S&S Cadillac Motors Corp. n/k/a Kristal Auto Mall Corp. - Ruling on Motion for Default Judgment, July 13, 2009
Ruling on Motion for Default Judgment, July 13, 2009
STATE OF NEW YORK
DEPARTMENT OF ENVIRONMENTAL CONSERVATION
In the Matter of the Alleged Violations
of Article 71 of the Environmental Conservation
Law and Article 12 of the New York State
- by -
S&S CADILLAC MOTORS CORP. n/k/a
KRISTAL AUTO MALL CORP.,
RULING ON MOTION FOR DEFAULT JUDGMENT
DEC Case No.
This ruling denies a motion for a default judgment made by the staff of the Department of Environmental Conservation (DEC) and grants a motion to reopen the default made by S&S Cadillac Motors Corp. n/k/a Kristal Auto Mall Corp. (respondent). The ruling directs the respondent to file an answer by August 14, 2009.
The respondent operates an automobile dealership and repair shop at 5200 Kings Highway, Brooklyn, NY (site). According to the respondent's papers, the respondent has operated at the site since 1992 under a sublease. The site is reportedly owned by Irma Pollack, LLC and leased to OP Development Corp. The site was previously operated by General Motors Corporation.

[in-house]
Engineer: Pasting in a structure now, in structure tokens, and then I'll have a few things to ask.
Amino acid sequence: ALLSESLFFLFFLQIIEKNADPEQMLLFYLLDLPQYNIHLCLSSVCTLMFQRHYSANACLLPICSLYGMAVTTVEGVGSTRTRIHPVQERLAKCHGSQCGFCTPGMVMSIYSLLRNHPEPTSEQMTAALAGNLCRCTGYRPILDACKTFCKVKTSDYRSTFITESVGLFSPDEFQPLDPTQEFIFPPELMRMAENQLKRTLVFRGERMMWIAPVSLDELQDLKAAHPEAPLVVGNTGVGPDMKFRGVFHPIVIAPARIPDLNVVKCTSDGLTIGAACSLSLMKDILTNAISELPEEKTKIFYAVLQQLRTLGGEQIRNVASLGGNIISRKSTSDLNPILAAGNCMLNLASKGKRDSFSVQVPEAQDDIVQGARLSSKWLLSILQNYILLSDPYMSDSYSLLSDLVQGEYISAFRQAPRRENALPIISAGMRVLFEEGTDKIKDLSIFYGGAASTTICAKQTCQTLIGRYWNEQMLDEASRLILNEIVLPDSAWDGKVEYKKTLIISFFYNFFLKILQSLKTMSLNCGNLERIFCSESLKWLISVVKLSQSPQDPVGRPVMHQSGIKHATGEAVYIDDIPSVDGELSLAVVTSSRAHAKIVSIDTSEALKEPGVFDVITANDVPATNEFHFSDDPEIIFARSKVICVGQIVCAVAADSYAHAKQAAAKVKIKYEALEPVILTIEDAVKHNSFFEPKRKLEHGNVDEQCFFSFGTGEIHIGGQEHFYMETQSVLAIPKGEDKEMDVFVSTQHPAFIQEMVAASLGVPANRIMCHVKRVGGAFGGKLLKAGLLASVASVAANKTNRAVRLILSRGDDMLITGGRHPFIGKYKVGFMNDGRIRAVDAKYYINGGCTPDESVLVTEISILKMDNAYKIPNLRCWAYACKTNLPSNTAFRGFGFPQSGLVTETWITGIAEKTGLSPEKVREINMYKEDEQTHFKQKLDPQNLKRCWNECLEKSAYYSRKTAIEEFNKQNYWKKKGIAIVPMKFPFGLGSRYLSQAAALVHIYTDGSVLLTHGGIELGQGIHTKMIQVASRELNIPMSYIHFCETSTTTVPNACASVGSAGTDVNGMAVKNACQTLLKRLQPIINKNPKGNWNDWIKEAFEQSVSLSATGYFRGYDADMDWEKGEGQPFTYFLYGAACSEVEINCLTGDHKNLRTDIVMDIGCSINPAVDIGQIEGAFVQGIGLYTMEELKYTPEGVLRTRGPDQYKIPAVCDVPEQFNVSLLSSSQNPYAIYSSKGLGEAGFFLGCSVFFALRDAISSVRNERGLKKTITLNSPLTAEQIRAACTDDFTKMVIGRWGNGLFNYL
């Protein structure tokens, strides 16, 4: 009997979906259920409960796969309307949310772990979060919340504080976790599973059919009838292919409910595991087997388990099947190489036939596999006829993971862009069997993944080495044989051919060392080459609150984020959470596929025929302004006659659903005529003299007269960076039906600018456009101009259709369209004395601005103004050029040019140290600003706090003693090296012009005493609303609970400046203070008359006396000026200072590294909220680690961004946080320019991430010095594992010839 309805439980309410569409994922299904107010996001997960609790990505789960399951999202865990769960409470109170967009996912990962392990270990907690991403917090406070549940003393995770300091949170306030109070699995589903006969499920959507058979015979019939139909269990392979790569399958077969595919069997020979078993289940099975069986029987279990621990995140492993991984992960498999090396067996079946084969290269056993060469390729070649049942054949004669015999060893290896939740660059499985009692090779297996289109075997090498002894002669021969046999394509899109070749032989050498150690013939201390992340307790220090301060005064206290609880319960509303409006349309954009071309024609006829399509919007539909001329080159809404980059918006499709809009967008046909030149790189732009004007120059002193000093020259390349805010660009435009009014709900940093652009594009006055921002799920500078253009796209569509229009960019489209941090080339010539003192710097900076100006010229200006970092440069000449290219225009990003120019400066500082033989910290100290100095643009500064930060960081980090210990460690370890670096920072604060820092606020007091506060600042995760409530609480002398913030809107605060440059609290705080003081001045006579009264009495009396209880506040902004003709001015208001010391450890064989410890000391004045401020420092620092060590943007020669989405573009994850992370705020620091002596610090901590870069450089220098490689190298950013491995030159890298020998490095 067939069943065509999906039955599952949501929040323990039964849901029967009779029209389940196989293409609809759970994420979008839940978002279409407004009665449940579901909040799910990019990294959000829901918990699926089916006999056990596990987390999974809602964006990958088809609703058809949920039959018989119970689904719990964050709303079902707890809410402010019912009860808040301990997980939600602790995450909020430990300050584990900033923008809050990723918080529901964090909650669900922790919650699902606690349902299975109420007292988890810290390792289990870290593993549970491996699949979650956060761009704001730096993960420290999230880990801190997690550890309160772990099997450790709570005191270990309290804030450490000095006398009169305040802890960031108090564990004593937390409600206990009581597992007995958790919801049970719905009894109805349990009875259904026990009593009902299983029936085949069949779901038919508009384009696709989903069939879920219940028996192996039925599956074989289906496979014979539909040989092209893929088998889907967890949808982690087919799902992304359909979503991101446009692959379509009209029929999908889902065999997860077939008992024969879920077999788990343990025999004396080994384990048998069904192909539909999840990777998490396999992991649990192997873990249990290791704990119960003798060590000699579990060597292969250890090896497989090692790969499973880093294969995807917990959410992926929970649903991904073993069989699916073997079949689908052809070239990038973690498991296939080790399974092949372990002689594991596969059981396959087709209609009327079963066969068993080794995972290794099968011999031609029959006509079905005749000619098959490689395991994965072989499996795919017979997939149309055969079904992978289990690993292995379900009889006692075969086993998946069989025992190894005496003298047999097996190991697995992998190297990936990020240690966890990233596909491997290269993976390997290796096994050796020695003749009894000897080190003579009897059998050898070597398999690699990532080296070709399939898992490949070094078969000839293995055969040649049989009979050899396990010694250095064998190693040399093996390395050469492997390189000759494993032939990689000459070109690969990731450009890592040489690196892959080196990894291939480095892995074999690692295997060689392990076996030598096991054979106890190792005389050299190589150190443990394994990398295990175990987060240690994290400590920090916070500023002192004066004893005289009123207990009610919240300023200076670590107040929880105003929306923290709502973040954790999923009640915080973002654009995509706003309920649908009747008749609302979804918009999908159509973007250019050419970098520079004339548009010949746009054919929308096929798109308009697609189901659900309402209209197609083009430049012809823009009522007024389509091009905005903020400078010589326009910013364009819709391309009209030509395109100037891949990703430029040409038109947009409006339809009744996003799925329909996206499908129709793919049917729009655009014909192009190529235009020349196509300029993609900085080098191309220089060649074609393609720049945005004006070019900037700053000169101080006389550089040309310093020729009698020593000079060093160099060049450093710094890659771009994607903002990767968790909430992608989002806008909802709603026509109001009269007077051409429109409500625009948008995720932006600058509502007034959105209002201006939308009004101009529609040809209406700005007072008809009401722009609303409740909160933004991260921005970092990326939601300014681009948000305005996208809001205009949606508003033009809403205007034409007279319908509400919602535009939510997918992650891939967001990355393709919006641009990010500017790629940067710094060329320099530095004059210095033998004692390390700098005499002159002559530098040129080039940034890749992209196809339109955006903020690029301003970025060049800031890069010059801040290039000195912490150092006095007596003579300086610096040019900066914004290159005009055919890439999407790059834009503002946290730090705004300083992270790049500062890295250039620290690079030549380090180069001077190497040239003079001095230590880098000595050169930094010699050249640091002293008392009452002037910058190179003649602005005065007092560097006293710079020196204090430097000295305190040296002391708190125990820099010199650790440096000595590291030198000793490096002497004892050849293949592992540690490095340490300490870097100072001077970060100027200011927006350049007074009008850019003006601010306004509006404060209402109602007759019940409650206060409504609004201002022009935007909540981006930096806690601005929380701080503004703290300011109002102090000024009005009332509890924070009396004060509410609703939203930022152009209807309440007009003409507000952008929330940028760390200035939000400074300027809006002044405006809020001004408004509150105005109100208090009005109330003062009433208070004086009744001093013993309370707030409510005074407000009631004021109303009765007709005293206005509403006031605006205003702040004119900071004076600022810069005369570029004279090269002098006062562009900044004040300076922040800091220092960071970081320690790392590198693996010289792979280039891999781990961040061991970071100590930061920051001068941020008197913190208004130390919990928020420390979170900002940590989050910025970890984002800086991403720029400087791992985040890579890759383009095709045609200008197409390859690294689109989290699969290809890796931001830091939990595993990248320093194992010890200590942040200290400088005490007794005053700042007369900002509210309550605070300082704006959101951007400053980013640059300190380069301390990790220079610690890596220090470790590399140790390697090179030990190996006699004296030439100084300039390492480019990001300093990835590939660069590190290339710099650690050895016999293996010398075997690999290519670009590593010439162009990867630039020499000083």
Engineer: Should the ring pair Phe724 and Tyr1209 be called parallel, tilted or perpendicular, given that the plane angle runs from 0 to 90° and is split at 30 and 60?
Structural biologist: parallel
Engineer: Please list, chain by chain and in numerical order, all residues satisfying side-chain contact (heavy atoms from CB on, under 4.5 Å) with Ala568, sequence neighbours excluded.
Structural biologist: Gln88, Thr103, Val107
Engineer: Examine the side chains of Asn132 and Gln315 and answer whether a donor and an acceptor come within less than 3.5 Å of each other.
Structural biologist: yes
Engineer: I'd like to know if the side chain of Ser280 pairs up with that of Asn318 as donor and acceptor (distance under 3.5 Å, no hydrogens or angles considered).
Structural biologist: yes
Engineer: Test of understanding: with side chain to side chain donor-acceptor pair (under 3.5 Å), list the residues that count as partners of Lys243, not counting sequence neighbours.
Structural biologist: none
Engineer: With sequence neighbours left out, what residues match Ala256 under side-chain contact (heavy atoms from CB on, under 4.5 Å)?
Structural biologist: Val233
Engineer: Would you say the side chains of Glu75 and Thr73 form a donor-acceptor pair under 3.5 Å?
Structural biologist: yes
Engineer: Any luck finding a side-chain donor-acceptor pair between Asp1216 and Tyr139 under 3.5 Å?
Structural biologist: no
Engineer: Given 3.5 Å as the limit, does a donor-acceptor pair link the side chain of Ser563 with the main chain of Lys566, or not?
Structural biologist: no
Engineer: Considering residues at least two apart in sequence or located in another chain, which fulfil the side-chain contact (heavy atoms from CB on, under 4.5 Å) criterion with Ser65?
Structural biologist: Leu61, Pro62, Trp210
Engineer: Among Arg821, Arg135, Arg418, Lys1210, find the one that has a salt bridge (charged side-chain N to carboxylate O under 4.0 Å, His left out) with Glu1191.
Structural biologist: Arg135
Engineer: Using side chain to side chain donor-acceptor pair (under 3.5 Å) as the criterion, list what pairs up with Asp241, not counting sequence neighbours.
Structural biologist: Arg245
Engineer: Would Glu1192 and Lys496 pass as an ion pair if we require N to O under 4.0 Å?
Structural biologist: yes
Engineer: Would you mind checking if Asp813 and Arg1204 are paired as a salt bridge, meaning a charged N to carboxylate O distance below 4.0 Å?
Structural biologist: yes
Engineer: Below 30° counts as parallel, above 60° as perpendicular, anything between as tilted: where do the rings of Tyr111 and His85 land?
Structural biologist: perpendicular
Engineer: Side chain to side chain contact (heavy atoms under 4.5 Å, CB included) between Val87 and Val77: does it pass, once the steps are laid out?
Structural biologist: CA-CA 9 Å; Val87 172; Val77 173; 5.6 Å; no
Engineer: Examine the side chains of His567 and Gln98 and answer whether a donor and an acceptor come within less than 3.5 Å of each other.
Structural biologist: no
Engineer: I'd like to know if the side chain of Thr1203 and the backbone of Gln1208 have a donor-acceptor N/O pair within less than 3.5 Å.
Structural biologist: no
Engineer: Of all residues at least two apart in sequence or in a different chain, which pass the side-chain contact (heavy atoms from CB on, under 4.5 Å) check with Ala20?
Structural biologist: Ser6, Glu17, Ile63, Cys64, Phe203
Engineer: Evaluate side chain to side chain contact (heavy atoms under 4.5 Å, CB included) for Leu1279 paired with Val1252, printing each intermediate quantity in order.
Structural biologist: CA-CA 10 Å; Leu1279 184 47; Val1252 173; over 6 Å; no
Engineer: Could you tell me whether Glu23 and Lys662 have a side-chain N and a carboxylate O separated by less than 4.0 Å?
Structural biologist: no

A petroleum spill was discovered at the site and reported to DEC Staff in April 2007 (DEC Spill # 0701186). The respondent entered into a stipulation with DEC Staff on October 21, 2008. The stipulation was made pursuant to section 17-0303 of the Environmental Conservation Law (ECL) and section 176 of the Navigation Law (NL) (DEC file #R2-20081020-505). The stipulation and attached Corrective Action Plan (CAP) required the respondent to undertake certain actions associated with the clean up in accordance with a detailed compliance schedule. Included in this schedule was the requirement that the respondent submit a Remedial Action Report (RAR) within 90 days of the effective date of the stipulation, January 19, 2009. No RAR has been filed.
On April 9, 2009, DEC staff served the respondent with a notice of hearing and complaint by certified mail. The complaint alleged that the respondent had failed to submit a RAR, which was due on or about January 19, 2009. The complaint seeks a civil penalty of $30,000 and immediate compliance with the stipulation.